revolution of the fifties threw us headlong in a completely different era,
an era which reassembled the third millennium as we imagined it. It is
as if the 20th century was whisked away or completely vanished. Yes,we
skipped the 20th century, like elevators in a high-rise building jumping
from the 12th floor to the 14th, over the missing 13th!
A MISSING CENTURY! Look at the feeling of disarray and confusion that
bewilder people. Look at the quest of so many individuals for spiritual
help. Millions of men and women resort to psychotherapy or seek counseling.
Many turn their back to the future and try to resuscitate a supposedly
securable past.They flock around "gurus" or religious preachers.
Look at our unlucky compatriots in Iran who are in the grips of mollas
who want to restore the Dark Ages!
Even intellectuals and academics feel the general malaise. They speak
of "civilization crises" and publish books upon books about the
causes, adding their worries to those of the environmentalists. A few scientists
go much farther. I still remember the dire prediction by Munoz Ferrada,
former director of Chile's Villa Alemana observatory. He put the "end
of the world" for May 18, 2000, at 1.30 pm, following the alignment
of all the planets of our solar system. This would produce such a powerful
electro-magnetic force that all planets would disintegrate, he predicted.
(See Le Figaro, Paris, September 23, 1963)
I, for one, prefer to stick by my own guns in order to explain our present
mood. I only would add that the "omission" of the 20th century
should not worry anybody. Indeed, in the infinite accountability of the
universe, the loss of one century is negligible. Moreover, dividing time
into decades, centuries and millenniums, is nothing but a system of reference
to help our faltering memory. The Chinese pretend to live in the year five
thousand and something; Jews see themselves in the middle of the fourth
millennium; Christians at the beginning of the third millennium; Muslims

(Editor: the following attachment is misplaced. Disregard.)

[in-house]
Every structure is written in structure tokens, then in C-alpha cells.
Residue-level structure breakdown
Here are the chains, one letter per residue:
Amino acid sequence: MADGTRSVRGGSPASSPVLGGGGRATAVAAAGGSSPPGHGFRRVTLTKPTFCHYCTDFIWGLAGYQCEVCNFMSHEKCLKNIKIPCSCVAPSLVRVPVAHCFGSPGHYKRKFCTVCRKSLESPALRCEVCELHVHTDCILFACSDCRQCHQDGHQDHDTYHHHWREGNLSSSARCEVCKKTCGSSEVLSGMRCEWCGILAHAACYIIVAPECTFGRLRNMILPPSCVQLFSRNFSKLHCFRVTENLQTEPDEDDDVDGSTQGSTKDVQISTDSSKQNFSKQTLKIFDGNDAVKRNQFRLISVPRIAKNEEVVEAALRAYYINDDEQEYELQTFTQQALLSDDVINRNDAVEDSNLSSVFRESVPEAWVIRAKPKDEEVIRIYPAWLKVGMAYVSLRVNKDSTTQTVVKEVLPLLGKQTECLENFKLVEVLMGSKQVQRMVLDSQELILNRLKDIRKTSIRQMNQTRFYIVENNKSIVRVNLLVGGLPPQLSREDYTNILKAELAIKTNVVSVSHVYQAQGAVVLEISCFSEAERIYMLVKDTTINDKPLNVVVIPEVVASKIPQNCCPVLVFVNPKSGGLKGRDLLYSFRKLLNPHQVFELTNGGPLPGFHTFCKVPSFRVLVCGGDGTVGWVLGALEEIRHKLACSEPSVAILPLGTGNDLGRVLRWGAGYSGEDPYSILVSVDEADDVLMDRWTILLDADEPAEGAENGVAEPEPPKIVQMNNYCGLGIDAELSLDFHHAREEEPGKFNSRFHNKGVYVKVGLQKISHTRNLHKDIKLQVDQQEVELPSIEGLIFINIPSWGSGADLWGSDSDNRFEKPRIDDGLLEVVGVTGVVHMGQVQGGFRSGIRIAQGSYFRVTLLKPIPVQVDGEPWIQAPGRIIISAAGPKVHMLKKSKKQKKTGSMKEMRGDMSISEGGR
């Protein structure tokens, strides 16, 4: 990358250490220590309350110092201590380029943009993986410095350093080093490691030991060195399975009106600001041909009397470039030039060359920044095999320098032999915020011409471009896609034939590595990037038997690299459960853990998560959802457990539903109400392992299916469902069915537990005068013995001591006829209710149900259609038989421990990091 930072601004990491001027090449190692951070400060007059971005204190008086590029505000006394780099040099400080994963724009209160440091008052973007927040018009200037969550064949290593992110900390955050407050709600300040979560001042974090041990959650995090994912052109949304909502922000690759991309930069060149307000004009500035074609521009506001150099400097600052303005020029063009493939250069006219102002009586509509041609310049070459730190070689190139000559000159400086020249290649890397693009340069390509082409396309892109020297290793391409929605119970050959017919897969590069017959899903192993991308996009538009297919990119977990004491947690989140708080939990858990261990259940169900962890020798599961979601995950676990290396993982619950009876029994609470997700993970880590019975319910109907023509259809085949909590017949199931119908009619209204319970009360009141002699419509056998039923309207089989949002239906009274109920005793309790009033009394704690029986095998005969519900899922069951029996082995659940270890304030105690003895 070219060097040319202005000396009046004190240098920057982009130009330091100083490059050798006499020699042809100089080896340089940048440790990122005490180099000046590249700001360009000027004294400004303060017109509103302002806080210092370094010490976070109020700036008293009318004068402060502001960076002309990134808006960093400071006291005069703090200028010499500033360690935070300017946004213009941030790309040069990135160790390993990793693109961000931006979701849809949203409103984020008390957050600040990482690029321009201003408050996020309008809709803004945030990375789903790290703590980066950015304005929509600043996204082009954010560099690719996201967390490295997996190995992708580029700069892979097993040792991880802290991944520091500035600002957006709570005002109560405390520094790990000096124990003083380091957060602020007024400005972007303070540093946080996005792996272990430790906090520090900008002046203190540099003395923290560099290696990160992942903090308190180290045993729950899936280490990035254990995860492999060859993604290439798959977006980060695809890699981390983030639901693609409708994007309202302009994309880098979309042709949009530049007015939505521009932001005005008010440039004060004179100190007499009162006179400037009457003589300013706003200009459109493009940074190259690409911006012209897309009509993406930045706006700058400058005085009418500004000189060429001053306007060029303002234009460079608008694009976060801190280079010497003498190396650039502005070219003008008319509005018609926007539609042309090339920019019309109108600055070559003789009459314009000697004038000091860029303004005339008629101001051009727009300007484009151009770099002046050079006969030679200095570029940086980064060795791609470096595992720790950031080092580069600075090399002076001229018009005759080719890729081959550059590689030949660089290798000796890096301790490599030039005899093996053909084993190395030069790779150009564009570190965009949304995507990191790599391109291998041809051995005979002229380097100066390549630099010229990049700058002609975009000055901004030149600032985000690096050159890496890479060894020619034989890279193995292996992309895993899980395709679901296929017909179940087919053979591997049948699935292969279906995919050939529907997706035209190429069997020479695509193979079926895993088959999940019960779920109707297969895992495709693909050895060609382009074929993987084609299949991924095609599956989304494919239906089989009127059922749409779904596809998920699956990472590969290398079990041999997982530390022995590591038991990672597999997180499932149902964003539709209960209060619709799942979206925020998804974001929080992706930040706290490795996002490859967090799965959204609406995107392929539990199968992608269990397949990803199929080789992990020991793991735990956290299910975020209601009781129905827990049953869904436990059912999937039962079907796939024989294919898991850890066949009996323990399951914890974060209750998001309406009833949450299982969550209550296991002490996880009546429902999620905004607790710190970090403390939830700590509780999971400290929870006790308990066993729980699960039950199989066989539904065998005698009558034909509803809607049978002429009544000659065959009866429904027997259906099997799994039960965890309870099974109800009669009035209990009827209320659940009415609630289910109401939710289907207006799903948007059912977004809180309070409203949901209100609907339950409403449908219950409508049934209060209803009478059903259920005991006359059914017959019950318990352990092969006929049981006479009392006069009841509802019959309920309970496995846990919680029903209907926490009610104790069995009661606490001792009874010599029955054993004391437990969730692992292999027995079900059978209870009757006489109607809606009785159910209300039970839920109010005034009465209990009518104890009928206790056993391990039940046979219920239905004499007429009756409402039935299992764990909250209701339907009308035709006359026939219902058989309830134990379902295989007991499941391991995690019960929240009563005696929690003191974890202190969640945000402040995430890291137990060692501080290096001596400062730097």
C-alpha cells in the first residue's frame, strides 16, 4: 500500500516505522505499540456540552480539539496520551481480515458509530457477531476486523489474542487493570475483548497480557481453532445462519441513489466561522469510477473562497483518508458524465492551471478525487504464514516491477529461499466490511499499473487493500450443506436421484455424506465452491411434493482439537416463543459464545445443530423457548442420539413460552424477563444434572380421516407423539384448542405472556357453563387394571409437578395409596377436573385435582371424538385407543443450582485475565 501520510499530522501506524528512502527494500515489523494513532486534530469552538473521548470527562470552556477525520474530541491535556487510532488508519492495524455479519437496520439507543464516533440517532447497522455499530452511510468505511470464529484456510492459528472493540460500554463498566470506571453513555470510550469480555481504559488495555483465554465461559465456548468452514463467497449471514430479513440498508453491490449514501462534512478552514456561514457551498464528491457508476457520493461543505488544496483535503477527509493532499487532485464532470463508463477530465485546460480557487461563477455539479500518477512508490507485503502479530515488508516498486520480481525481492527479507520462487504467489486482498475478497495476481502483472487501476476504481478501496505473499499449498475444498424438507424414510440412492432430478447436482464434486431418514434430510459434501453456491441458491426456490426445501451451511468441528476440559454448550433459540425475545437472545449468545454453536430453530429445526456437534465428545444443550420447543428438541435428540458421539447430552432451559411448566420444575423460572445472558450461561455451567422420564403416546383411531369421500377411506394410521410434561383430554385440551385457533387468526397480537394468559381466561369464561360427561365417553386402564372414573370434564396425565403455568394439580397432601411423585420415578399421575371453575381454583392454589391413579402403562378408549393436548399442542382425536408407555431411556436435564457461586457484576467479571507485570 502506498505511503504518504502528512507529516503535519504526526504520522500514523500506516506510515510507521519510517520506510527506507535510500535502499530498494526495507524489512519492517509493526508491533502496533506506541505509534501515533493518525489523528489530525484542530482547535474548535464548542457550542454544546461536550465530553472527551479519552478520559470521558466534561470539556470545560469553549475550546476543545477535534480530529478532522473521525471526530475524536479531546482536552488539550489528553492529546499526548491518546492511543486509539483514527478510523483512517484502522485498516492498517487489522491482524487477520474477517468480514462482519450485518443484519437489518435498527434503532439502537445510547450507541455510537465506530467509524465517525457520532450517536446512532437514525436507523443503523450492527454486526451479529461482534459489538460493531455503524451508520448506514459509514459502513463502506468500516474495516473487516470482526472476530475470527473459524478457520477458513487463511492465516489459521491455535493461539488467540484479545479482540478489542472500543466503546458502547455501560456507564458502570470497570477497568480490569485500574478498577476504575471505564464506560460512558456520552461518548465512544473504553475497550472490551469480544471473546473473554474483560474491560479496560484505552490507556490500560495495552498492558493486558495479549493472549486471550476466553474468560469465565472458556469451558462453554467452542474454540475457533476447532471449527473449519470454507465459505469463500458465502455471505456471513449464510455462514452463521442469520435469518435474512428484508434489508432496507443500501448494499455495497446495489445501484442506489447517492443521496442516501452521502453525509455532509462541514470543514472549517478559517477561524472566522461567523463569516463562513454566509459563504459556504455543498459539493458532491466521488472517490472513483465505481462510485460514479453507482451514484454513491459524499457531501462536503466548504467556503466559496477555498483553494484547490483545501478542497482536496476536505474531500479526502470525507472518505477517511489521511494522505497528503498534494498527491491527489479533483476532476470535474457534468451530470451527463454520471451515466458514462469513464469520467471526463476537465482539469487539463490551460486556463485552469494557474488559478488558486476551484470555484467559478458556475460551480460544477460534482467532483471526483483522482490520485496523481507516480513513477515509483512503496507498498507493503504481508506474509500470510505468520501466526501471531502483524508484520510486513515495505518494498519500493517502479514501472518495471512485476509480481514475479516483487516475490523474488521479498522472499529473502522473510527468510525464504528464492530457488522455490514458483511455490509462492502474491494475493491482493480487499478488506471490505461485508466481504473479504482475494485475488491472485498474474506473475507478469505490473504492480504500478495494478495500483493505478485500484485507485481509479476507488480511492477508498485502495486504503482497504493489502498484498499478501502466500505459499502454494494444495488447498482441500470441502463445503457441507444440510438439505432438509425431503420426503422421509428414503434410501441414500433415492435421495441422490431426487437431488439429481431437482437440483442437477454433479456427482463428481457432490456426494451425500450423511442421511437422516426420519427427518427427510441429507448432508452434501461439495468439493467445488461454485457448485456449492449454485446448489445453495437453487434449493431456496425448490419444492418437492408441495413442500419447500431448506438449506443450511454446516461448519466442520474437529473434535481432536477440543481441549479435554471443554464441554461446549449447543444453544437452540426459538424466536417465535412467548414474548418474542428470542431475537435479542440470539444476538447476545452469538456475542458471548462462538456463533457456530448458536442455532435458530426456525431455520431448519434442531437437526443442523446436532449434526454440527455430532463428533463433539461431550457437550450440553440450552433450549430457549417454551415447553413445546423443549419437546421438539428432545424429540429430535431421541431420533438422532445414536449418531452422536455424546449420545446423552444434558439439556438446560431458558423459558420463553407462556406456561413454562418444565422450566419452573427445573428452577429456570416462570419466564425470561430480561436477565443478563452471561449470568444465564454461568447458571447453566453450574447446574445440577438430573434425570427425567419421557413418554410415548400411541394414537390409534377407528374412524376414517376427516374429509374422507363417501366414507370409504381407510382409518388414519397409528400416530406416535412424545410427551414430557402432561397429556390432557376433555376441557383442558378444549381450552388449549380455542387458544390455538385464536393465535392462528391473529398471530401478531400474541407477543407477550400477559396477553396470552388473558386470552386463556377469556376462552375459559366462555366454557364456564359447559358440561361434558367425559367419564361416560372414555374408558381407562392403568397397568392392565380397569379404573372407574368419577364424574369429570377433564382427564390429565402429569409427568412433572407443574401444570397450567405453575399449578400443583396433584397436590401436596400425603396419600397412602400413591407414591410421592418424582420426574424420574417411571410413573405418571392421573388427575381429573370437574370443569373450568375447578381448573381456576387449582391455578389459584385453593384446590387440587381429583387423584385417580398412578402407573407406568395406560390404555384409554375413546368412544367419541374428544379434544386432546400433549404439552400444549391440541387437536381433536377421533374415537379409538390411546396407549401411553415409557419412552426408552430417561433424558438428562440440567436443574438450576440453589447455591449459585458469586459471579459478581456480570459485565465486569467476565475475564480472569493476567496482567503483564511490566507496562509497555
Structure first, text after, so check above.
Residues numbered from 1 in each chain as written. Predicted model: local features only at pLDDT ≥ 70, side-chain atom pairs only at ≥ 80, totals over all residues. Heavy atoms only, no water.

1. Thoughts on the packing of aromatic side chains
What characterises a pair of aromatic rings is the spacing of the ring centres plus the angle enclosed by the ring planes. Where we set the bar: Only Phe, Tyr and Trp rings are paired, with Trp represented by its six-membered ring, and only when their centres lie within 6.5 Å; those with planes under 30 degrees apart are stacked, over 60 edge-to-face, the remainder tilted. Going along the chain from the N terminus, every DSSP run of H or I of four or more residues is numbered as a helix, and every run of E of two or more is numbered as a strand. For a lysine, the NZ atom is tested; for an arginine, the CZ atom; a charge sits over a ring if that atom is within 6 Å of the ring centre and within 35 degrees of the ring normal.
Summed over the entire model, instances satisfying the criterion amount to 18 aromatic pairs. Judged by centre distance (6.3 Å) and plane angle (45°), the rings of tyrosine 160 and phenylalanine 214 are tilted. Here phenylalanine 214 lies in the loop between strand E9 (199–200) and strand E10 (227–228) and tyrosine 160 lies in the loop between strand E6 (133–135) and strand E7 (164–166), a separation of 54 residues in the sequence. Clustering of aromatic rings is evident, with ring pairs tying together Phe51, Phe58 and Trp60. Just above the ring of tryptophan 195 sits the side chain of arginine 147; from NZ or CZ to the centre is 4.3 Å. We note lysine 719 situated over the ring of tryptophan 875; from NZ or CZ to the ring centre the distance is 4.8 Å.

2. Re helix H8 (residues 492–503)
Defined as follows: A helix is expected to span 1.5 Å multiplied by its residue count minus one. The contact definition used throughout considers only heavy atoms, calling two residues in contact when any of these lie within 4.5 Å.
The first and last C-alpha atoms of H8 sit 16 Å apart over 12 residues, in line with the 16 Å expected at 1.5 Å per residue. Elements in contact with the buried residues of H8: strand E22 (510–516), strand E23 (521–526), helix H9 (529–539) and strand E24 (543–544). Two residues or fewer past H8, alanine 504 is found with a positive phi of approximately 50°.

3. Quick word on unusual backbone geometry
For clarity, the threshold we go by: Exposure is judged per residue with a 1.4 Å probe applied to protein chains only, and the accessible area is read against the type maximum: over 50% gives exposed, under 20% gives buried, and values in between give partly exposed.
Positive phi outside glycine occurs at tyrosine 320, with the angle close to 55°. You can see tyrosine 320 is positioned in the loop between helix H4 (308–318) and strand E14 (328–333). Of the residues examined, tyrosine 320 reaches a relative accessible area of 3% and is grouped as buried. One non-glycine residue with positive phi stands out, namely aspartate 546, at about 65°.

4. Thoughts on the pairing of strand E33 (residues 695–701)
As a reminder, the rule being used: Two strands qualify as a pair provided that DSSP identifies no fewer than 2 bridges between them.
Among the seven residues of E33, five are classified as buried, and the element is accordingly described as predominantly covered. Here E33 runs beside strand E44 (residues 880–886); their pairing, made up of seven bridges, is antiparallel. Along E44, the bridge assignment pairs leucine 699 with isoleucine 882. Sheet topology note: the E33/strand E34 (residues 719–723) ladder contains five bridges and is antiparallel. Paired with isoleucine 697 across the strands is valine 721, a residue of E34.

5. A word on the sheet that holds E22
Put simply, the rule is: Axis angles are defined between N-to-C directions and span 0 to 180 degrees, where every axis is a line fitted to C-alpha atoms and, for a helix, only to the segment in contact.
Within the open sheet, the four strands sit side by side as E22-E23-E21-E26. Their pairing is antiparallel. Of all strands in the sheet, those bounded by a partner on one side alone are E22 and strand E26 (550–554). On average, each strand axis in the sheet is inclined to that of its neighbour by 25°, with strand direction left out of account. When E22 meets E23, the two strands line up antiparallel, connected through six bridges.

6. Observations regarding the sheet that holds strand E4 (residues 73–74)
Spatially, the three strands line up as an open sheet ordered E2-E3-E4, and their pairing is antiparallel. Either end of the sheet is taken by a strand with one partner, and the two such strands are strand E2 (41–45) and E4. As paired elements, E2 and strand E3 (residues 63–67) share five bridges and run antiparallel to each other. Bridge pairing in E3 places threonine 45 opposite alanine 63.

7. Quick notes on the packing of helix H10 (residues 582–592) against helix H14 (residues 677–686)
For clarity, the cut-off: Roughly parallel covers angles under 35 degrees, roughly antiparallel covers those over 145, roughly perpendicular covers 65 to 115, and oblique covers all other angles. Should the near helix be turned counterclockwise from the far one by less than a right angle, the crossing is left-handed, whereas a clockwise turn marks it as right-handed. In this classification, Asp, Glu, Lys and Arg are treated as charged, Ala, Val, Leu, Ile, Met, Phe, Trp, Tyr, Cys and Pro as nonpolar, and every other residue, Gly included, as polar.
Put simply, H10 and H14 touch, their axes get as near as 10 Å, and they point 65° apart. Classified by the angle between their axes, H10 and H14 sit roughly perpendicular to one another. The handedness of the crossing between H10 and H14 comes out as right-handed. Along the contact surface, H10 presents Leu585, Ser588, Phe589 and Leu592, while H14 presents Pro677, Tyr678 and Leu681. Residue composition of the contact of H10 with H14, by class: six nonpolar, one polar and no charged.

at the first half of the fifteenth century; and according to the late Shah's
calendar it is the middle of the third millennium. So what? Why shouldn't
we start our calendars from the Big Bang when the universe was born a few
billion years ago? Time has no other meaning than what we assign to it.
The important thing is to enter the third millennium in the "nick
of time" and escape the ill fate of the main character of the science-fiction
short story titled "The Thirteenth Floor". I don't remember the
author's name. It was about a man who insisted on renting the non-existent
13th floor of a high-rise apartment building in Miami. The manager thought
that the man was a lunatic, but welcomed the extra money. Astonishingly,
every evening the renter went to his desired floor. But when the manager,
led my his curiosity, tried to find the mysterious 13th floor, he found
himself entombed between the 12th and 14th floors!
So the 20th century has come to a close. We are like migrants on the
move toward a new home. We have to sort out our belongings and shed the
things we don't need. We have to get rid of the beliefs and habits that
hinder adapting to the new knowledge brought by never-ending scientific
discoveries. Otherwise, we risk getting caught out of balance like the
manager and his 13th floor!
We, the surviving children of the 1930's, embraced the spirit of the
third millennium long ago. Most of our dreams have been realized. And we
regret neither our dreams nor our sustained optimism. We are thrilled to
see today's youngsters are already looking toward the fourth millennium!